"Passion would soon be replaced by the smell of something burning"
The parking lot outside the mega-church was only half-full. Behind it a big sky, almost uncluttered by high-rises. Ruth didn’t even know this area existed until a couple of months ago. Now the drive up here had become their new rhythm, and she made sure she didn’t miss a beat. She drove here, dropped Melody off, went grocery shopping, and returned in time for pickup.
From her spot in the third row of cars, she could see the entrance and still have space on both sides. They must have built the church thinking they’d expand, attract new members and more cars. But growing is never as easy as you think. Land was cheap out here, but there was no public transit nearby. So you either had a car or you’d have to walk ten minutes to the nearest bus stop.
Ruth’s shopping list had been shorter than usual, and now she had twenty minutes of freedom before Melody would be released. She lowered her seatback and turned Jazz FM up a notch. Even here, it didn’t take much to make her feel at ease. Some Coltrane and a few minutes to herself did the trick almost every time.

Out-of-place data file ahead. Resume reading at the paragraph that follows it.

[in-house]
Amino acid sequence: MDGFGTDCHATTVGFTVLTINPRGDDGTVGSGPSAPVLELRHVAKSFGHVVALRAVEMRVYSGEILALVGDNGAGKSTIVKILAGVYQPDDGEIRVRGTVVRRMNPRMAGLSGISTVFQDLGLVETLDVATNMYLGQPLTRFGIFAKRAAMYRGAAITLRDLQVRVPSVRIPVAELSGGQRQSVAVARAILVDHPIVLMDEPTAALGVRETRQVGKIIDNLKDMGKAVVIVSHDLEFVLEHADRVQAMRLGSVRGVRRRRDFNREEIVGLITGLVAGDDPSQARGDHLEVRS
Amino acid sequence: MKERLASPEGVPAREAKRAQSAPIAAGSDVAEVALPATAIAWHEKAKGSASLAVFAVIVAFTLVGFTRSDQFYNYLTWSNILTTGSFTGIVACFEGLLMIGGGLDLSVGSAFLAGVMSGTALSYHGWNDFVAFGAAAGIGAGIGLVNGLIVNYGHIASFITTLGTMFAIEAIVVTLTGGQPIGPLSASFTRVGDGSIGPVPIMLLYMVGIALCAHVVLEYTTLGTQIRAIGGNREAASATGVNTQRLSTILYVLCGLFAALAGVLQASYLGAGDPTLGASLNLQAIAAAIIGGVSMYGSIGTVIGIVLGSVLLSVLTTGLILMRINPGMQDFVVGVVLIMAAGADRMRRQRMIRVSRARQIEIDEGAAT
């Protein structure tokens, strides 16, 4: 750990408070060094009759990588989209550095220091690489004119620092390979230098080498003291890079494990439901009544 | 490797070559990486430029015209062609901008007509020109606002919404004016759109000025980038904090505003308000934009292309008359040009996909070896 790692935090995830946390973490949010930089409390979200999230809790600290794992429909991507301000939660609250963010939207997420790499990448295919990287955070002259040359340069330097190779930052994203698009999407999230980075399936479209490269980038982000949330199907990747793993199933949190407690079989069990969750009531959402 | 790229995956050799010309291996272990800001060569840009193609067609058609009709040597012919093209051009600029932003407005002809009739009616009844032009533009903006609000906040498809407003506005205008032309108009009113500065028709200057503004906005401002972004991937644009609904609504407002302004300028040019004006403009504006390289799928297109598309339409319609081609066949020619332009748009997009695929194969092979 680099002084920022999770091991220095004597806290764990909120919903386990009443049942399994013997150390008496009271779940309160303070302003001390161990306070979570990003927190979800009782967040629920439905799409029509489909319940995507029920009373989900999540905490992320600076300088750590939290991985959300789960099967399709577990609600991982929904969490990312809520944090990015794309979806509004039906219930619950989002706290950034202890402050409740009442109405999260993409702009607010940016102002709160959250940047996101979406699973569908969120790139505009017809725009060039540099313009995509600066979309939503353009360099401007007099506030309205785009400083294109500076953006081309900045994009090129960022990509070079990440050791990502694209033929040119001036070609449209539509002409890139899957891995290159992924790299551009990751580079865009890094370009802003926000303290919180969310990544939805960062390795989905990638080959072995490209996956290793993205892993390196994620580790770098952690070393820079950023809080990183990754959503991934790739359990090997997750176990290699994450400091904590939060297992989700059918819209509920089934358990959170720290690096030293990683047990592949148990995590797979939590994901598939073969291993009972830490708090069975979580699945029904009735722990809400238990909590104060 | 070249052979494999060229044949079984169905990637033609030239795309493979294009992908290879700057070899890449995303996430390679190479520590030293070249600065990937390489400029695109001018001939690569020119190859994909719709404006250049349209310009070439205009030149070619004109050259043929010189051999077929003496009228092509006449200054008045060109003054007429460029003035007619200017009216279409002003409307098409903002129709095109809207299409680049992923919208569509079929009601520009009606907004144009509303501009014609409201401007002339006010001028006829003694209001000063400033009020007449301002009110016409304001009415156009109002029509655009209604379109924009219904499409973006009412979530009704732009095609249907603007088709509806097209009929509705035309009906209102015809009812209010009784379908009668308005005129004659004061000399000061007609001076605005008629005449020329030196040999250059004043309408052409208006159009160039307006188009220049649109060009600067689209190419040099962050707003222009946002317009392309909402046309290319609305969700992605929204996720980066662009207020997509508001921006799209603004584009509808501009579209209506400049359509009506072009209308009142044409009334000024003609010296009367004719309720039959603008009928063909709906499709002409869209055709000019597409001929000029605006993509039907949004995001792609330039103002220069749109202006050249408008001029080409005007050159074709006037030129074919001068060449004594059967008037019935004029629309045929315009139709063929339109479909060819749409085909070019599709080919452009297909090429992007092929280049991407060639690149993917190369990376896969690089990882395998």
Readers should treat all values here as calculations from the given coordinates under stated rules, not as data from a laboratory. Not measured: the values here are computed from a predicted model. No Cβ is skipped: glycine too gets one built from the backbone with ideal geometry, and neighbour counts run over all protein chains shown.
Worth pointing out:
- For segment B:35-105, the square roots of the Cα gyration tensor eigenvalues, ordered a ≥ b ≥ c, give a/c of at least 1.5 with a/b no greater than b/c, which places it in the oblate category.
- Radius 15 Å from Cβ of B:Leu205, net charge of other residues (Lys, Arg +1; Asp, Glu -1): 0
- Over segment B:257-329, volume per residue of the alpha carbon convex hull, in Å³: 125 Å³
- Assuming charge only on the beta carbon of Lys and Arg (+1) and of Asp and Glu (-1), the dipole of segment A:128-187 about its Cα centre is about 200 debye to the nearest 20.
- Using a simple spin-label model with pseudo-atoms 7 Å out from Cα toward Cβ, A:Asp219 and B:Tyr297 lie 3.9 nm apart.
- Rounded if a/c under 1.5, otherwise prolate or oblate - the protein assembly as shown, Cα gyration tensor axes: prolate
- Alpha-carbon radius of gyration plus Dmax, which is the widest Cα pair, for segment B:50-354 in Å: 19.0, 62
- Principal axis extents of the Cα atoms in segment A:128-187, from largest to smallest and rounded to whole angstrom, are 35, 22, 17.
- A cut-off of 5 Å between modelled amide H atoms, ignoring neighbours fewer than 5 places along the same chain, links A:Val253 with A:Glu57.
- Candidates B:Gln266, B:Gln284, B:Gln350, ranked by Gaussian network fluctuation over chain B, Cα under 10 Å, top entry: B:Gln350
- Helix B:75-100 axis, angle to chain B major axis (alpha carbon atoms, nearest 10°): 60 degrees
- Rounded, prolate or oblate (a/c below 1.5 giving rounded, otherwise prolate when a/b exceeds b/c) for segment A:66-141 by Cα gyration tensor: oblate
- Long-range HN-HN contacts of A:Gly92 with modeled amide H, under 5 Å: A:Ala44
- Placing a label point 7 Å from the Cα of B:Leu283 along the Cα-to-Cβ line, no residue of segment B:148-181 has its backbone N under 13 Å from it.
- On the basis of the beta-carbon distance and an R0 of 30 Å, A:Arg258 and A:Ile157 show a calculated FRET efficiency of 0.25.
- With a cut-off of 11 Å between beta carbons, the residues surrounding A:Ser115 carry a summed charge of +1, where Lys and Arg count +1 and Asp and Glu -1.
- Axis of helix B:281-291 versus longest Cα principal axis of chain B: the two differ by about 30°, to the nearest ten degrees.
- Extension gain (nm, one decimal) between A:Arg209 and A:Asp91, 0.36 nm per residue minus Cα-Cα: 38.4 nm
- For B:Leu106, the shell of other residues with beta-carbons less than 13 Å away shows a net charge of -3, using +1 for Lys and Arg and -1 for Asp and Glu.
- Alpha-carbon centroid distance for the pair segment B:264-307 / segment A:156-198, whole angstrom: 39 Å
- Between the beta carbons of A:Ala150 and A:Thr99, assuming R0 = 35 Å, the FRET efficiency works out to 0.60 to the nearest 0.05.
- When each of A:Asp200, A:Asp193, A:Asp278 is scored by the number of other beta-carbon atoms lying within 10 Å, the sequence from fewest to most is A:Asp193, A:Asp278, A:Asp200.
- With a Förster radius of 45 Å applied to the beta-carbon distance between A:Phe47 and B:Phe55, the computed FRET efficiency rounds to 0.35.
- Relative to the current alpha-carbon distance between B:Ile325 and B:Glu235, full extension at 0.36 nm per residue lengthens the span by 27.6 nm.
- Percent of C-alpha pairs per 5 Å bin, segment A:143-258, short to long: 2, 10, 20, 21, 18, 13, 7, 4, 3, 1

Jazz was her one indulgence—a carry-over from her crush on the high school band teacher—four years trying to impress him by memorizing trivia about Charlie Parker, Miles Davis, and Coltrane—his favorite. The jazz stayed when the crush passed.
Ruth had been inside the church only once, the first time, still worried about Melody losing her way and going down that tunnel of despair once more. She had stayed in the Welcome area, but if the rest of the building was a match, there must be room for at least a thousand. The space made it easy to assess the crowd: 2-300, mainly working class and recent immigrants it seemed, no-one that made her alarm bells go off.
Ruth was gradually getting less watchful, easing into this new life. Picking up her sister twice a week from church was a low price to pay.
Melody had been off meth for five months and on Jesus for about the same amount of time. Ruth was never sure if it was the meth that turned her sister to religion—or if she had looked around for a substitute for her old highs after she got sober. Whatever the case, Ruth never argued if something worked. If this is what it took to hold Melody steady, Ruth could go on doing it forever. Melody had put on a fair bit of weight. Her face turned rounder and younger again. Now you could only guess she’d been a meth-head when she exposed her teeth. That would take time and money to fix.
“My Favorite Things, Coltrane’s incredible take on this tune from the Sound of Music,” the radio host announced. And there Trane took off on his long wrestle with every element of the song, until all twirls had been turned inside out and back again. Ruth closed her eyes and let the music wash over her. She knew Coltrane would deliver her safely through.